Wednesday, April 04, 2012

C: Chant, Chartreuse, Carthusians

I don't know how long I'll be able to keep this up, but I seem to have another movie to team with some music.

The music? Chant. Gregorian chant to be exact. I used to sing it, long time ago and far away. That last is true, in time, in space, in other ways also.

I consider the upwelling of interest in the form, over the past decade or so, as something fortuitous. It's enabled us to collect music that otherwise might not have been recorded.

There is something about the form, dating back a millennium (or so) that touches the listener. At least, so I believe. And, given the popularity of the good monks of Santo Domingo De Silos, others also believe it.

The first monks I heard, even before I began to sing Gregorian chant, were from the Abbey of Solesmes, in France. They were responsible for bringing the music form back into prominence long before the good Benedictines above.

And, you cannot say you've heard Gregorian chant until you've experienced Latin sung with a pronounced French "ue" sound in words like "Sanctus", "Alleluia", "sicut erat in principio, et nunc, et semper". It's the kind of thing that can stay with you for life.

And the movie? A rather special one, about a rather special calling. That of the Carthusians - those monks who gave the world the liqueur, Chartreuse. The only color, I'm told, that was named for a liqueur. And who are these monks?

Well, one way to find out is to view the movie, Into Great Silence. Be prepared for a journey quite unlike any you might otherwise take. The movie could qualify as silent, as there is little in the way of dialogue. One monk does speak. He is interviewed.

For the rest, silence, prayer, some laughter and chatting during a weekly walk. And time measured on a scale different to that we are accustomed to.

That last sinks in as the movie proceeds. But is underscored by an epilogue - presented as text at the end of the movie. The filmmaker had requested access to the Grande Chartreuse, the head monastery of the Carthusian Order. The response: they would consider it and would respond when it was time.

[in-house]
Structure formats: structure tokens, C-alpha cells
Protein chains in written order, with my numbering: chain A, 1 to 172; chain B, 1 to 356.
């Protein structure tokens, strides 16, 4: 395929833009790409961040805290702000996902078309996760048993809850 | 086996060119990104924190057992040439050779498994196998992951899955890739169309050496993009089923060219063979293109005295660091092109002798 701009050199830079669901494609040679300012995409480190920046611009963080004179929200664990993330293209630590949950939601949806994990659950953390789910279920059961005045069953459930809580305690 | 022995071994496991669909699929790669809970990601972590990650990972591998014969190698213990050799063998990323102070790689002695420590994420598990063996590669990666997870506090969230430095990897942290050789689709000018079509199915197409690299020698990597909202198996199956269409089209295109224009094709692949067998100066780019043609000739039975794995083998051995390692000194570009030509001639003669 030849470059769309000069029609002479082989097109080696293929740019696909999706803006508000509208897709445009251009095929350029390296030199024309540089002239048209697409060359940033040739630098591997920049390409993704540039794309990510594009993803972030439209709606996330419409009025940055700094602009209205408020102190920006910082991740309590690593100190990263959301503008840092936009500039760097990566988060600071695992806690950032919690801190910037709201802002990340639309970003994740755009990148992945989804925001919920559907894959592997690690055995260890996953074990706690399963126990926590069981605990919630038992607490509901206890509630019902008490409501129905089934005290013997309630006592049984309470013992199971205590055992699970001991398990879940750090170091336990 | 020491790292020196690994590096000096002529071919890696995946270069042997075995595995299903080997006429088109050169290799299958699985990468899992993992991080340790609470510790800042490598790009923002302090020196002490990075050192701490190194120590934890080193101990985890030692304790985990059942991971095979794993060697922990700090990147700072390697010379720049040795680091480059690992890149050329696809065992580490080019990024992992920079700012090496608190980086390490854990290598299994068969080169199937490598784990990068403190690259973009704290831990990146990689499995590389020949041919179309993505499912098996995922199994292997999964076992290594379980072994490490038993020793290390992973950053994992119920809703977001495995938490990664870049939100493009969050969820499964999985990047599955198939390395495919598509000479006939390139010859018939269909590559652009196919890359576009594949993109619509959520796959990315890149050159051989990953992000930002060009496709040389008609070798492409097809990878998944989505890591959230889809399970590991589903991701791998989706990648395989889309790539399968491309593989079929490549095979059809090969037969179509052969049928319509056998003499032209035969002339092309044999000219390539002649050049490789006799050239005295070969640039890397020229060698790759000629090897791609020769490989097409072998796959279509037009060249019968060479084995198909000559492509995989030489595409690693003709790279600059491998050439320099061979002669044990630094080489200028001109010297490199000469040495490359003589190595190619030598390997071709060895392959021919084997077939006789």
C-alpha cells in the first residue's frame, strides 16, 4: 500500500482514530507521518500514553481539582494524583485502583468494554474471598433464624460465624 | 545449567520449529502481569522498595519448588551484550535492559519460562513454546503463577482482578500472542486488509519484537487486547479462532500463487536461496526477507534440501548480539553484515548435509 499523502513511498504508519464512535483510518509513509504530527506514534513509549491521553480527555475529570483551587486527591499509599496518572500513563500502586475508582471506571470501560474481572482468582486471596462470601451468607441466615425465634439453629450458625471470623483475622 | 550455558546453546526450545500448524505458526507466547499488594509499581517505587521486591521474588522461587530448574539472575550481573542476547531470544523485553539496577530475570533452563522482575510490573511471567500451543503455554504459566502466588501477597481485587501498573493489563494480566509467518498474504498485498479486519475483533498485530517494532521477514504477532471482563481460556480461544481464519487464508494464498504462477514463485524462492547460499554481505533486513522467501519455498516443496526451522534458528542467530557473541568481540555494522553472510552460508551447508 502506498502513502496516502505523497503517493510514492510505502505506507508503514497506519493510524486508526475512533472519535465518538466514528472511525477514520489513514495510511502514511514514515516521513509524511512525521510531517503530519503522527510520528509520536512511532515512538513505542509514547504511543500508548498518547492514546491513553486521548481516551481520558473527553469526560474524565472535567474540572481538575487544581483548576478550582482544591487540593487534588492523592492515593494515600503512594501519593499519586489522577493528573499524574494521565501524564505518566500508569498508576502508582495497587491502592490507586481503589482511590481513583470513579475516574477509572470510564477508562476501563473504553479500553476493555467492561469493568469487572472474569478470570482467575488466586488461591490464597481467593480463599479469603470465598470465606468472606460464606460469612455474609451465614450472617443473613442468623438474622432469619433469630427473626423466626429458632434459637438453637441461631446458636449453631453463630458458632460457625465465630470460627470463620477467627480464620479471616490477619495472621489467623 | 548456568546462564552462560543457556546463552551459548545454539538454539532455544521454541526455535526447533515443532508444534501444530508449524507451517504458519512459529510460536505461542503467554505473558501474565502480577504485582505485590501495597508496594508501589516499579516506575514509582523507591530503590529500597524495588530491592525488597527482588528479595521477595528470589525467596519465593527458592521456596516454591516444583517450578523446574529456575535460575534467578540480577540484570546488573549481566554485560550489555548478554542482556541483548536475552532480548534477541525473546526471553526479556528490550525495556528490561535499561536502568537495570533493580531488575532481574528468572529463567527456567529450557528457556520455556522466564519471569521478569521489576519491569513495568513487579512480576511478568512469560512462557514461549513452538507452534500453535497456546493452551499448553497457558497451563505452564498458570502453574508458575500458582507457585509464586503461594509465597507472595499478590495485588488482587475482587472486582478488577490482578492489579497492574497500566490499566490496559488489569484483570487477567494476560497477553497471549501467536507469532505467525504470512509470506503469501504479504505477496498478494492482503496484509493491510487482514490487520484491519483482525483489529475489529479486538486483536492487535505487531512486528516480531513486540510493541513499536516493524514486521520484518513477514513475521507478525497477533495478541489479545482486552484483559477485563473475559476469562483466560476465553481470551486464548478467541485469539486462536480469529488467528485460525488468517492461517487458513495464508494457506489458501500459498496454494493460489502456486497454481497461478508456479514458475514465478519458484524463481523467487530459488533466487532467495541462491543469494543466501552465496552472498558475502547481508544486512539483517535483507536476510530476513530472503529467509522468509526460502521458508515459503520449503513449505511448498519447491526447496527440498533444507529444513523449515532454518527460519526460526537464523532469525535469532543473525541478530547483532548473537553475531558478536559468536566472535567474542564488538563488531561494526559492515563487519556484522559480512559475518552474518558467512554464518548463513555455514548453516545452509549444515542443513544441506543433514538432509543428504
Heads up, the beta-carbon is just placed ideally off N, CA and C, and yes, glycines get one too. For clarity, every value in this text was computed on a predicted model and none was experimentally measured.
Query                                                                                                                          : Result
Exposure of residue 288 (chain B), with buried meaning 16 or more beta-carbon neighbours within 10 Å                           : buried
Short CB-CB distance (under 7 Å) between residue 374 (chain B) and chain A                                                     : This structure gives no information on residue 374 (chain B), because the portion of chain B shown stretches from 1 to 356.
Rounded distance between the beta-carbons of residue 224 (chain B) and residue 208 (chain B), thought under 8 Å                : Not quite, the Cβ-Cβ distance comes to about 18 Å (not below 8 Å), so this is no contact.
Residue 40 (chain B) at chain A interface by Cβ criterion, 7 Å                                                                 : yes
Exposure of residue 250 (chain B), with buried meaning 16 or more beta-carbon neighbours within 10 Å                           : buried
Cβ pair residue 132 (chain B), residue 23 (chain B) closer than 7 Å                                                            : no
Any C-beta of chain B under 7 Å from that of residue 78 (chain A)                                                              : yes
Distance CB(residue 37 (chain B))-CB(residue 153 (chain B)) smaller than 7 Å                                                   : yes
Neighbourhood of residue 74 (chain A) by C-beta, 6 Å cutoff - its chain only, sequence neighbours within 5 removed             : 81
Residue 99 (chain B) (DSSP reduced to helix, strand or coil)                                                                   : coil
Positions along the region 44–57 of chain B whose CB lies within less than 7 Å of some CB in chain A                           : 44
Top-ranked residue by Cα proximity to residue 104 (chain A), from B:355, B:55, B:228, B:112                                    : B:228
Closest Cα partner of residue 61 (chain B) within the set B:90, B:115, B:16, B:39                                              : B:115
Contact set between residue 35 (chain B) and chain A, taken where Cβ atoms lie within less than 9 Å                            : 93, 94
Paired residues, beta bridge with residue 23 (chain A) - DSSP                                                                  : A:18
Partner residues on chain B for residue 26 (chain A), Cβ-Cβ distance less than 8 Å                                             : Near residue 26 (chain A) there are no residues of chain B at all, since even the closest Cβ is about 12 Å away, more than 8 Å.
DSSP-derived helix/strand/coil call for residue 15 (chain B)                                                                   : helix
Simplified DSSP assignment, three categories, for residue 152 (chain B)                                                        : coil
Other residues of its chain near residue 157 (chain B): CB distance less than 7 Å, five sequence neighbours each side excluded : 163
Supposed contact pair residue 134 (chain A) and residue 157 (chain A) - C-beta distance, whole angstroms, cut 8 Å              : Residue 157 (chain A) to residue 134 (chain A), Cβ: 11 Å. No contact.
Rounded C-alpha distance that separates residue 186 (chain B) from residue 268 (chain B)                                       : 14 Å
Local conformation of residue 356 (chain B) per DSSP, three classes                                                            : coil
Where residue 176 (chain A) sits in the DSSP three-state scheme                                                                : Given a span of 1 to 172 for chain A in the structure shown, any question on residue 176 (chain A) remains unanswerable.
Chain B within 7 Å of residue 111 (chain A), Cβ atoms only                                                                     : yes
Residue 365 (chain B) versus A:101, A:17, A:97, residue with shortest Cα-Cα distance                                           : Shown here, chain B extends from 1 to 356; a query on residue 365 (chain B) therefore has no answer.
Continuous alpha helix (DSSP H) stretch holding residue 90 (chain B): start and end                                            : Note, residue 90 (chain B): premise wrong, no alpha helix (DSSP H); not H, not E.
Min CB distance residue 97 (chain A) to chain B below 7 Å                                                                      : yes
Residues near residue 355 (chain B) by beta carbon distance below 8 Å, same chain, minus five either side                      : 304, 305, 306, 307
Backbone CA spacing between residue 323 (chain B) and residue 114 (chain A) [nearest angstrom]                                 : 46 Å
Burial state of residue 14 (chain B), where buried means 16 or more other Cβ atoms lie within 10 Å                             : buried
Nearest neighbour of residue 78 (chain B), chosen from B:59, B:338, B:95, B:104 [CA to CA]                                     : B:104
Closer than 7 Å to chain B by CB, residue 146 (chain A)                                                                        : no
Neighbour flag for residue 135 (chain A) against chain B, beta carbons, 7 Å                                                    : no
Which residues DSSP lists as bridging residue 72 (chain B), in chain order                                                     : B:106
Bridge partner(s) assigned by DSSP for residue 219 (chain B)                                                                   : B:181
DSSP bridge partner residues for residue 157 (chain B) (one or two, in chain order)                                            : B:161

Thirteen years later, the response came back. Yes. It was time.

16 comments:

  1. I don't think I've every heard Georgian Monks chant, I have somewhere an old tape for Buddhist Monks chanting, that is unbelievable, so vibrating - chants that vibrate through you. Maybe should explore Georgian chants too!

    Finding you posts very interesting. ^__^

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    1. If you do go exploring, the Chant series is a good place to start.

      Glad you're enjoying the posts, Helen. I'm having fun. Yes, "fun". I'm sure that's what this is. :)

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  2. I love the ending of your post.

    Look forward to your challenge run…

    --Damyanti, Co-host A to Z Challenge April 2012

    Twitter: @AprilA2Z
    #atozchallenge

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    1. Yes, the ending to the movie was just perfect. It said everything about their life.

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  3. At least it must have been a well considered response.

    Thanks for visiting my blog, now following yours.

    mood
    Moody Writing
    @mooderino
    The Funnily Enough

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    1. Well considered. A good way of phrasing it.

      Thanks for following.

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  4. I love that particular CD. It's so peaceful. Kudos to you for ever learning to sing it. Thirteen years? Yes, time does flow differently for them. ;)

    By the way, you thought you were signing up at the last minute for A to Z? Well, 1926 blogs signed up. 375 of those were AFTER yours!

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    1. 375 AFTER mine! We're all nutz, we know that, right?

      And yes, time does flow in a different way, at a different pace, measured against an entirely different scale for the monks. It has its attractions.

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  5. I have never heard monks chant!

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    1. Treat yourself. You'll enjoy it.

      Or, should you prefer, there are CDs of Benedictine Nuns also singing. http://www.amazon.com/Voices-The-Benedictine-Nuns/dp/B003VWDP1U/ref=sr_1_1?s=music&ie=UTF8&qid=1333558860&sr=1-1

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  6. I love to listen to a good chant. Brings back thoughts of the days of old.

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    1. Yes, it does. And good memories.

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  7. I must say that I love to hear the monks chant and had no idea that Chartreuse the color came for the liqueur. What a great piece of trivia :)

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    1. I didn't know that either until a couple of years ago. But that particular shade of green/yellow is the color of the chartreuse liqueur - and so it acquired the name.

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  8. My roommate and I used to listen to the Chant album you pictured back in our undergrad days (early to mid 90s). By listen I mean blast on our stereo. People thought we were odd. Perhaps we were ... but we enjoyed it. Thanks for the memory and the interesting A to Z posts.

    Brian

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    1. Chant blasting on your stereo - wonderful!

      Glad to have provided the memory. Thank you for the comment.

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